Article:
Tom Mallouk and coworkers (The Pennsylvania State University, USA) are following a quite different approach. Here, a photo-electrochemical device has been engineered based on a porous titanium dioxide anodic film equipped with a Ru(II) poly(pyridine) sensitiser that collects photons across much of the visible spectrum. A key feature of this system is the provision of iridium(IV) oxide hydrate (IrO2 nH2O) nanoparticles that function as the catalyst for water oxidation. The quantum yield is low because of fast charge recombination between the primary charges but the system is amenable to detailed mechanistic examination that should assist optimisation of the overall device. At present, this is one of the most effective systems available for artificial photosynthesis. Furthermore, Erwin Reisner (University of Cambridge, UK) has proposed a complementary system wherein a related Ru-based dye is coated onto TiO2 particles and subsequently equipped with a cobalt-based reduction catalyst. Illumination of the Ru(II)-based dye leads to fast charge injection into the conduction band of the TiO2. The promoted electron is then trapped at the Co(III)-based catalyst and used to reduce water to molecular hydrogen in neutral solution. Performance of this system is highly promising but it must be noted that hydrogen evolution occurs at the expense of consuming an added organic material.

Several researchers introduced water-splitting photosystems based on the use of a Ru(II) poly(pyridine) complex as the light absorbing unit. This species, apart from collecting incident photons, enters into light-induced electron transfer with added substrates and thereby initiates the oxidation or reduction of water. Thus, Sebastiano Campagna and colleagues (University of Messina, Italy) have used a conventional photochemical reaction to oxidise Ru(II) tris(2,2′-bipyridine) in aqueous solution. The resultant oxidant is used subsequently to oxidise water via a tetra-cobalt(III) cubane cluster: [Co4O4(O2CMe)4(py)4] (py = pyridine). The novelty here lies with trying to mimic the oxygen-evolving catalyst found in natural photosynthetic organisms with the Co cluster. Haruo Inoue et al. (Tokyo Metropolitan University, Japan) have considered an alternative oxidative scheme. The idea is to employ a Ru(II) porphyrin, which has superior light-harvesting performance, as a sensitiser for epoxidation of alkenes. The critical feature of this system relates to using water as the source of the added oxygen. This, in turn, introduces some interesting mechanistic concerns. In many cases, the photochemical reaction occurs in surprisingly high quantum yield and results in formation of a valuable product.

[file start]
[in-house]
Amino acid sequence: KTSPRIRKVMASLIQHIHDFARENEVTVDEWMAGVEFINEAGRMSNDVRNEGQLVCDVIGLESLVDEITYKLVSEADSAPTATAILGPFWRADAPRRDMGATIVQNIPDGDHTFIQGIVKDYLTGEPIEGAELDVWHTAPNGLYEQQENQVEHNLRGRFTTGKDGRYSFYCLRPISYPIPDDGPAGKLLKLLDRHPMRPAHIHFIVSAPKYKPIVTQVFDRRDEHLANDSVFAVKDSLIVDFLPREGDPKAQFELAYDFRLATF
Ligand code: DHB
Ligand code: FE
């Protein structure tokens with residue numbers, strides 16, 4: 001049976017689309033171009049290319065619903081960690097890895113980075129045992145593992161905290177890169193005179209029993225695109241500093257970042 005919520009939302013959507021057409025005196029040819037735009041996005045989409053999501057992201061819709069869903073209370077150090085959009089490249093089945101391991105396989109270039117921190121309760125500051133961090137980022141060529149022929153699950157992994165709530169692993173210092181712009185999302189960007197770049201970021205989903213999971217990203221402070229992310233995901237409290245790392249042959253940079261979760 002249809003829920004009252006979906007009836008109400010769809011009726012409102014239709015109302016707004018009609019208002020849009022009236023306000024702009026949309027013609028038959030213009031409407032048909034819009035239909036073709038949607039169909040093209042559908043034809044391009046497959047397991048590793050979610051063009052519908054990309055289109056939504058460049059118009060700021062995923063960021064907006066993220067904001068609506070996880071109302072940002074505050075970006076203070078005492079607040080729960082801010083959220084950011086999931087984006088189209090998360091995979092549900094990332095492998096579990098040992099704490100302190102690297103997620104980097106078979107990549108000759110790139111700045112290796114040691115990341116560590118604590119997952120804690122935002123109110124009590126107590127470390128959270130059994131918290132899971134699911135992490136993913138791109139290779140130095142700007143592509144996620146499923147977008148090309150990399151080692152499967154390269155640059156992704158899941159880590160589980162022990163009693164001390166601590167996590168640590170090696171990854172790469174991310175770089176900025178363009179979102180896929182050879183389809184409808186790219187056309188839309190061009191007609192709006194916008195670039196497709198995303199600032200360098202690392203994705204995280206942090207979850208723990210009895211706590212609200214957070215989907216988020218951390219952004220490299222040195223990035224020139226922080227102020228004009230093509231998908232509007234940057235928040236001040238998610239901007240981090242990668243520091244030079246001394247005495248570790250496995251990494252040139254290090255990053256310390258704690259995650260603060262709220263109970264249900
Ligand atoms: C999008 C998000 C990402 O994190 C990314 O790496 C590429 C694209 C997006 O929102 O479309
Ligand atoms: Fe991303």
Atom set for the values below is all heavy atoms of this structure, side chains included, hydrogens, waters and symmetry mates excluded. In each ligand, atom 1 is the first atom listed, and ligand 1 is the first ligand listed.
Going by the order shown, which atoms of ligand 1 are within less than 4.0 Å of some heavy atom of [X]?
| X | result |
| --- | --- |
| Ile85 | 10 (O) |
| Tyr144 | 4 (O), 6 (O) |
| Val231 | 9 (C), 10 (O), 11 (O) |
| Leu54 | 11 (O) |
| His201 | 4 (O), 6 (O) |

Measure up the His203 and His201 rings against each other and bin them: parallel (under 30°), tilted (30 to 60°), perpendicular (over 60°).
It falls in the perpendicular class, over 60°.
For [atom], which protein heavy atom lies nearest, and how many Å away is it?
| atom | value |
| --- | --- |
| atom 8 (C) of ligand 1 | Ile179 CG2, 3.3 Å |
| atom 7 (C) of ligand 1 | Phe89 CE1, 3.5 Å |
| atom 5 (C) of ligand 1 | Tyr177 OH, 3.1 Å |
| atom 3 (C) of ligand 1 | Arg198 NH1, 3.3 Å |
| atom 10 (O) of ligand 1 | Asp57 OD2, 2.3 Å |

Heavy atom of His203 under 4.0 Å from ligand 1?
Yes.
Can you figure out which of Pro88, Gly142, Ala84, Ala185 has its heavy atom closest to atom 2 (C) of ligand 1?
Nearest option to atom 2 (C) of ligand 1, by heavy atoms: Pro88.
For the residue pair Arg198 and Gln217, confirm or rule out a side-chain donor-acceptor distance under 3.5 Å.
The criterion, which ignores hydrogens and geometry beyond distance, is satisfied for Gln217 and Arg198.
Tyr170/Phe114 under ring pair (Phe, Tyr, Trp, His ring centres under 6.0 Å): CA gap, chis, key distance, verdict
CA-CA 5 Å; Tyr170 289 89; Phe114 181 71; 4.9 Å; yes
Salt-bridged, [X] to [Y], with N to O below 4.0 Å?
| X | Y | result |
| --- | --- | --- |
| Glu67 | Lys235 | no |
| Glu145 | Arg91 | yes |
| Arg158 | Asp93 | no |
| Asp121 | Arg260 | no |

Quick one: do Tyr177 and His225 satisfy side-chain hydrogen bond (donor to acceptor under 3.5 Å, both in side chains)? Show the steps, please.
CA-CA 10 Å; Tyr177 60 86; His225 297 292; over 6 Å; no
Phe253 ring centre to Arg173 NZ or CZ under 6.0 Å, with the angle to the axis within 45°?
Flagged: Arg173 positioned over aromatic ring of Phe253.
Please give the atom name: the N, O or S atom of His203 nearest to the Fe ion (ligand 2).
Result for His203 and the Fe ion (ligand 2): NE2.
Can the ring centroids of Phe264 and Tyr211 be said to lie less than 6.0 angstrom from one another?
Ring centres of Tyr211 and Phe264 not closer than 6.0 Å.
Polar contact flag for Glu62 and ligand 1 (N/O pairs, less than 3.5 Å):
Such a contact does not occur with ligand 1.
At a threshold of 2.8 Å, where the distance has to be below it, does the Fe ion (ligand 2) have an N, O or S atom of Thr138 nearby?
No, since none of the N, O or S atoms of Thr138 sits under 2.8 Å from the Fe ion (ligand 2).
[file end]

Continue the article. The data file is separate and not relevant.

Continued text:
Photochemical Carbon Dioxide Reduction

Osamu Ishitani and coworkers (Tokyo Institute of Technology, Japan) have worked for many years on developing photochemical systems capable of the reduction of CO2. This is an extremely difficult reaction to realise, especially in aqueous solution, and has been a major bottleneck for the successful introduction of an artificial photosynthetic system; hence the focus on production of hydrogen from water as a simpler alternative. The main problem for CO2 reduction relates to the high overpotential associated with most catalysts. Ishitani et al. have investigated several classes of rhenium(I) complexes as effective CO2 catalysts. Here, a novel photosystem is introduced whereby a Ru(II) poly(pyridine) sensitiser is covalently linked to a Re(I) complex (Figure 3) to form an integral unit. Illumination into the Ru(II)-based sensitiser results in electron transfer to the nearby Re(I) complex. Transfer of a second electron, fuelled via an added sacrificial reagent, leads to reduction of CO2 to CO in reasonably high quantum yield. The reaction is carried out in N,N-dimethylformamide, not water, and requires high pressures of CO2. Nonetheless, this system represents the state of the art in the field.

Fig. 3.

A ruthenium(II) poly(pyridine) sensitiser is covalently linked to a rhenium(I) complex

A ruthenium(II) poly(pyridine) sensitiser is covalently linked to a rhenium(I) complex

Electron Transfer